[Little Birdie / Musikkoperatørene, 2016]
Intro: Dimitris Kaltsas
Translation: Alexandros Mantas
Tenderton from Norway are Arild Hammerø’s new project, along with his bandmate in Atlanter, Morten Kvam (bass), keyboardist Haakon-Marius Pettersen, who has been member of various bands (Anti-Depressive Delivery among them) and Marius Simonsen on the drums, member of Montée just like Pettersen. The debut of Tenderton falls into the beloved category of contemporary Scandinavian underground and they describe their own music as “chivalric prog from Norway”. How much more interesting can it get?
An Atlanter’s mere spin-off? I don’t think so
Before I hit the play button for the first time, I was aware that my deep love for Atlanter could affect negatively my judgment about Tenderton’s debut. Even though the similarities with the top band are inevitable, since two out of four members are common in the two bands, it doesn’t take much of a strain to value Tenderton and their wonderful record.
The structure of the indeed “chivalric prog” of Tenderton’s debut album is clear: three 13-minute epics, an experimental interlude before the end and everything is instrumental, of course. No matter how the ethereal guitar melodies bring inescapably Atlanter to mind, the nature of the songs is clearly more jamming, more relaxed and more direct progressive rock with warm vintage sound, standing with one foot in the 70’s and one foot in the present.
The starter Bolero sets the ball rolling with a pompous and sluggish pace, with Hammerø’s unmistakable and unparalleled slide guitar (familiar to the already initiated) in the lead for five minutes and past this mark, after a brief deconstruction, the second part of the song kicks in, developing and enhancing the basic melody which results in a prog rock explosion where symphonic (synths are in the picture here), folk, and avant-jazz elements parade, till the guitar solo over this magnificent melody into the final climax.
Skokk starts similarly with the inexhaustible Hammerø once again in the lead, with beautiful mellotron shades from Pettersen whose astonishing melodies signal the beginning (on the fifth minute once again) of perhaps the record’s best song (even though it’s difficult to be dead certain), with a post-rock development, sound, and pompous style which clearly nods to Mike Oldfield. The quartet here is very tight, with melodic bass lines from Kvam, technical drum fills, amazing prog keyboards, and a guitar that pulls off to bridge the seemingly cultural chaos between North Europe and the Far East.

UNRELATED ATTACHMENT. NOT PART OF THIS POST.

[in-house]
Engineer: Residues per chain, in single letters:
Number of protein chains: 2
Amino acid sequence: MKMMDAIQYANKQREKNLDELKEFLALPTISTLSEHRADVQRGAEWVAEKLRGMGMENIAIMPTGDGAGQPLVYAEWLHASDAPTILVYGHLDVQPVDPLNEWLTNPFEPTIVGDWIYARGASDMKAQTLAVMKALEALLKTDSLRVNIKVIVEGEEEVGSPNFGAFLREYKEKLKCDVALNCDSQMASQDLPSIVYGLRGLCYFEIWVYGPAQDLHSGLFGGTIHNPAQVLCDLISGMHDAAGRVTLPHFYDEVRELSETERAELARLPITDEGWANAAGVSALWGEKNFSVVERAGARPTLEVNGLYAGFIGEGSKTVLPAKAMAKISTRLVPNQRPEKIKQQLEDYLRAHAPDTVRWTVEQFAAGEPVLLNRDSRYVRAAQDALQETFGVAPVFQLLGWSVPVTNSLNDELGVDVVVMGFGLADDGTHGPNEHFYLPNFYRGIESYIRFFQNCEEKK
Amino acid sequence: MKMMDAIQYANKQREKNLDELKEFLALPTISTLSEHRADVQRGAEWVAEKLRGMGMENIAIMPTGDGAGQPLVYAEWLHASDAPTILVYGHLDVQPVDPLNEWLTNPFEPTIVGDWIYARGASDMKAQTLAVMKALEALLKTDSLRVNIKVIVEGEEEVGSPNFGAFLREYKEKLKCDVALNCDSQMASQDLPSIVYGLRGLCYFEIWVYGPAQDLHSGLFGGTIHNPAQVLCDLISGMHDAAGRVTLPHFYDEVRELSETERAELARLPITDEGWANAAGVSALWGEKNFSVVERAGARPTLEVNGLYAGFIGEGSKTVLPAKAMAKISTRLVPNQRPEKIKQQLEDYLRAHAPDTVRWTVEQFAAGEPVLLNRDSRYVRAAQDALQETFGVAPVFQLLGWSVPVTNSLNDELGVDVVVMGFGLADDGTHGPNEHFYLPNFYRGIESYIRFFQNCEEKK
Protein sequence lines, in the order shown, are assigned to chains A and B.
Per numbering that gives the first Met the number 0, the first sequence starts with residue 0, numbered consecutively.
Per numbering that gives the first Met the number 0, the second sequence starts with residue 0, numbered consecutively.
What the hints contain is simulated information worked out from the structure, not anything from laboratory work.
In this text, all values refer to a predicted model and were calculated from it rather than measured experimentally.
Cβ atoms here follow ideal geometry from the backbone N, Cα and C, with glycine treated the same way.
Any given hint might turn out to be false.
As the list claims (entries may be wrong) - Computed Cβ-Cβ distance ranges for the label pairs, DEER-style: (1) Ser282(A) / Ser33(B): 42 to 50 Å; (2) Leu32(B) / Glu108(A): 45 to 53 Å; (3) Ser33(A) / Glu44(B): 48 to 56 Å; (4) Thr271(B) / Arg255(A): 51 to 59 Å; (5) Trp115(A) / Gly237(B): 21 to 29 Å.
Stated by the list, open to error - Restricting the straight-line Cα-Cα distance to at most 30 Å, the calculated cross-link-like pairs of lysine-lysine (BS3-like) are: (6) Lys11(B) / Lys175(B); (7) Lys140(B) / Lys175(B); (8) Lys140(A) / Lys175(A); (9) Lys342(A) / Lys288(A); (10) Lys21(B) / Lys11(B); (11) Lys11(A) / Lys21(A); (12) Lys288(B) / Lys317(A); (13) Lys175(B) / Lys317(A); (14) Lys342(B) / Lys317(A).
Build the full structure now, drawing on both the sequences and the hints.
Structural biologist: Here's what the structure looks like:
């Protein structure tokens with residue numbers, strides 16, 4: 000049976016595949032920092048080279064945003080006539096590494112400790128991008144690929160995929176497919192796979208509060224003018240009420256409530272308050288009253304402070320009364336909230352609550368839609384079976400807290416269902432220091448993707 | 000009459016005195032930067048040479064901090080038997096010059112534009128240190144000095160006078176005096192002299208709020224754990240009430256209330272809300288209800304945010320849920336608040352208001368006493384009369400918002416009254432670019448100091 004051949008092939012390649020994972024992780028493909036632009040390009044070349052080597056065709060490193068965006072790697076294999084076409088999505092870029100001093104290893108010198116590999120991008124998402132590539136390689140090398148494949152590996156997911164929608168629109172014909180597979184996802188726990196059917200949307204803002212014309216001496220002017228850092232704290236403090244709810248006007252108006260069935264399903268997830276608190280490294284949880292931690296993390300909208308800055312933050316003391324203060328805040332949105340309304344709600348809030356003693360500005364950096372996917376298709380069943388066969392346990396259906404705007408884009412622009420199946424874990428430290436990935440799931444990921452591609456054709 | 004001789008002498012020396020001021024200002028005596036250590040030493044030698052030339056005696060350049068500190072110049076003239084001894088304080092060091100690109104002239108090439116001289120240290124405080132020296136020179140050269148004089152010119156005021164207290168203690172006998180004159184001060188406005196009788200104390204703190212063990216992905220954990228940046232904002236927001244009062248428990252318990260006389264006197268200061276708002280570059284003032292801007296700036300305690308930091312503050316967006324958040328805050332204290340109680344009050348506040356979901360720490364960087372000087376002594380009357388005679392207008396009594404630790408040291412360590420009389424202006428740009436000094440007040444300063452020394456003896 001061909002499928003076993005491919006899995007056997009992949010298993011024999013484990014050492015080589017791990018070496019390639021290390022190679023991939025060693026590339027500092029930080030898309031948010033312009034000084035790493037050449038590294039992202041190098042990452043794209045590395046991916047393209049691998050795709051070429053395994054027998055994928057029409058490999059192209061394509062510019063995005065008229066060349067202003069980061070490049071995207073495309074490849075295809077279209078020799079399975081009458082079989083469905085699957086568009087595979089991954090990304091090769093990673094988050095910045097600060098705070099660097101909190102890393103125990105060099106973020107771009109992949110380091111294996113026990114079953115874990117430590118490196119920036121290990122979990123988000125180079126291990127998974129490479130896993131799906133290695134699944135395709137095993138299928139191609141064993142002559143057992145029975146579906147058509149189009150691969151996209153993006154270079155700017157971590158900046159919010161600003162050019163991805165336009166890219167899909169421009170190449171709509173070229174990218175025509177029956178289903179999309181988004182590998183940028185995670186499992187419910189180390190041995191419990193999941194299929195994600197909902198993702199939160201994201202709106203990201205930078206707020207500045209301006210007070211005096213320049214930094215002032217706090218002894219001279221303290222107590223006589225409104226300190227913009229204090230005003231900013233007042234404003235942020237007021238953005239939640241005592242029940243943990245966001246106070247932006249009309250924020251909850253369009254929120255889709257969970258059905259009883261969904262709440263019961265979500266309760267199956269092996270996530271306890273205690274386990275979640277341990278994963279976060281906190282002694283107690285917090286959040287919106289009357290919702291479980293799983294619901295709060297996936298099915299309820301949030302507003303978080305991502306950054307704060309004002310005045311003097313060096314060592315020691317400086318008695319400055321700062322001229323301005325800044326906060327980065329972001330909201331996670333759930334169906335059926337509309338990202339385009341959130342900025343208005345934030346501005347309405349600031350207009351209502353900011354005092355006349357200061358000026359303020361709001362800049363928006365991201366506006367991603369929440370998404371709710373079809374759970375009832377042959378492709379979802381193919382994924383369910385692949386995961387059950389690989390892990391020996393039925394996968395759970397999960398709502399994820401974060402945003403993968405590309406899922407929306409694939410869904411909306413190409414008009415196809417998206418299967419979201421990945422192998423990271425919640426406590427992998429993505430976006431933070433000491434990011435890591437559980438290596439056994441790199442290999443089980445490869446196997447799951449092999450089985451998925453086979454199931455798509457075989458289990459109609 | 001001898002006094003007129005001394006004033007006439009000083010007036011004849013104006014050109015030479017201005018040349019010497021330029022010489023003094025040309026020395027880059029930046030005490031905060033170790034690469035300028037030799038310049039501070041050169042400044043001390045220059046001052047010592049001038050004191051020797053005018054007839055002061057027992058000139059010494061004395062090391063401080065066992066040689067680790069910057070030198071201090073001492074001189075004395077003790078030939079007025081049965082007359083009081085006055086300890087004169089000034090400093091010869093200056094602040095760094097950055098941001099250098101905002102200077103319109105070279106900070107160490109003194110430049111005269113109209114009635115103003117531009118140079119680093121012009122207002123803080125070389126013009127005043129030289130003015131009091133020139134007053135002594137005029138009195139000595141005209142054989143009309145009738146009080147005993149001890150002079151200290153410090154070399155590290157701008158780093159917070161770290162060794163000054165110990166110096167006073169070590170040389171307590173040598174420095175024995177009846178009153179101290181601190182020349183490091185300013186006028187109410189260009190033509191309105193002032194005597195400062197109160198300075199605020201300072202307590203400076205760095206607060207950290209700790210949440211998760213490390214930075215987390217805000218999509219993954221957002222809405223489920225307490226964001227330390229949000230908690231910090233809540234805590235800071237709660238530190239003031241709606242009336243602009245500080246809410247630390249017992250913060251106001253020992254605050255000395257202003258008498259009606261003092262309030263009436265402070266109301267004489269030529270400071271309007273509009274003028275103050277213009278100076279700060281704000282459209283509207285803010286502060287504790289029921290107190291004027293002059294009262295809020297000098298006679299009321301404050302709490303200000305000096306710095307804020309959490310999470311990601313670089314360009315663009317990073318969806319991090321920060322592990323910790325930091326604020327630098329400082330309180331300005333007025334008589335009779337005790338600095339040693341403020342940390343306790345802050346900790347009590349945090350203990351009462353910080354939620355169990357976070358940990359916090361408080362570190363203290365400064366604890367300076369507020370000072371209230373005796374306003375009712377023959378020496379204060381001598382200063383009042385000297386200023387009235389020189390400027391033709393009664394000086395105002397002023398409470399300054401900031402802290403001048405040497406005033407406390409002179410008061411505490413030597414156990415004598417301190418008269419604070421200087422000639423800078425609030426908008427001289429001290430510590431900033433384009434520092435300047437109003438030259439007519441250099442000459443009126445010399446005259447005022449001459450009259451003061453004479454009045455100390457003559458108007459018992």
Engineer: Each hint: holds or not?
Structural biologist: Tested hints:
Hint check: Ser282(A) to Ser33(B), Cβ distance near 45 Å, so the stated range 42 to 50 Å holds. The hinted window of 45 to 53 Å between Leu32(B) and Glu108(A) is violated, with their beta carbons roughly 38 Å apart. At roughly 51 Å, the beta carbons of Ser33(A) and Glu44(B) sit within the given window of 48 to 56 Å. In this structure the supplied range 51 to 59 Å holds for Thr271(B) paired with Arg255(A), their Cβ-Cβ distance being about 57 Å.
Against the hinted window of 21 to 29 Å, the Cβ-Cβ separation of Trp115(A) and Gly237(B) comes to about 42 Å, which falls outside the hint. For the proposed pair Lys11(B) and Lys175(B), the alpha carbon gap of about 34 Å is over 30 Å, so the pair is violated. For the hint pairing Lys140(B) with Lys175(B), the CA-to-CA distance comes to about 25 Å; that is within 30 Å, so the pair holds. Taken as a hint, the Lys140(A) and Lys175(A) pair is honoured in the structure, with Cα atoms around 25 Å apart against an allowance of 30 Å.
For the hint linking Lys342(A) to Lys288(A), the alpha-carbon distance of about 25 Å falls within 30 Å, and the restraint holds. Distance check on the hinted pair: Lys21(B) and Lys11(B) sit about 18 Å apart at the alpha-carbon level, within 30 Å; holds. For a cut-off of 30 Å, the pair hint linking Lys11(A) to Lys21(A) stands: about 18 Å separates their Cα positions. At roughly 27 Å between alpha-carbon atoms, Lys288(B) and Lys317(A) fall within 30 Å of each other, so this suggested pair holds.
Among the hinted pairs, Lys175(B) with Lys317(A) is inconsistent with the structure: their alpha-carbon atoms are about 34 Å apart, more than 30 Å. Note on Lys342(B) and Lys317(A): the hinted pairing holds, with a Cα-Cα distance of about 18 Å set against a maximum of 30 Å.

The just four-minute Humle is a jazzy experimental intermission which seems to come off too easily for the four musicians with its improvisational disposition, while it is a first class opportunity to take delight in Simonsen’s drumming.
Journey One bookends the album in the most unexpected way, starting off with a lively latin / fusion groove. After the energy-consuming intro, it progresses in a more ambient and post-rock abstract style which shapes up in an ingenious pop melody that is transmogrified into a spaced-out heavy prog one (!) that fades into infinity, completing an overly adventurous listen and a succession of surprises.
The debut of Tenderton is far more than an Atlanter’s spin-off. It is relaxed, natural, inspired music meant for all and sundry, especially for the fans of Norwegian prog that’s flourishing. It is recommended for listens in the house, when taking a walk, in the car, in the bus, in the train, in the morning, at noon, in the evening, and at night.
8 / 10
The self-titled debut of Tenderton is the outcome of the urge of four musicians to coexist by way of jamming. Nevertheless, the final result exceeds by far the mindset of a mere jamming session. Spontaneity cries out throughout the entire duration, but the Norwegians made sure to graft it onto more relaxed compositional structures. The sweet and adventurous playing is the basic component of their sound, whereas their style could be put down as improvisational progressive rock, casting occasionally furtive looks to jazz and fusion. Those who worshipped the first two albums of Atlanter should check this out, because they will experience a somewhat more laid back side of theirs. The same goes for the fans of the made-in-Norway progressive scene as a whole.
8 / 10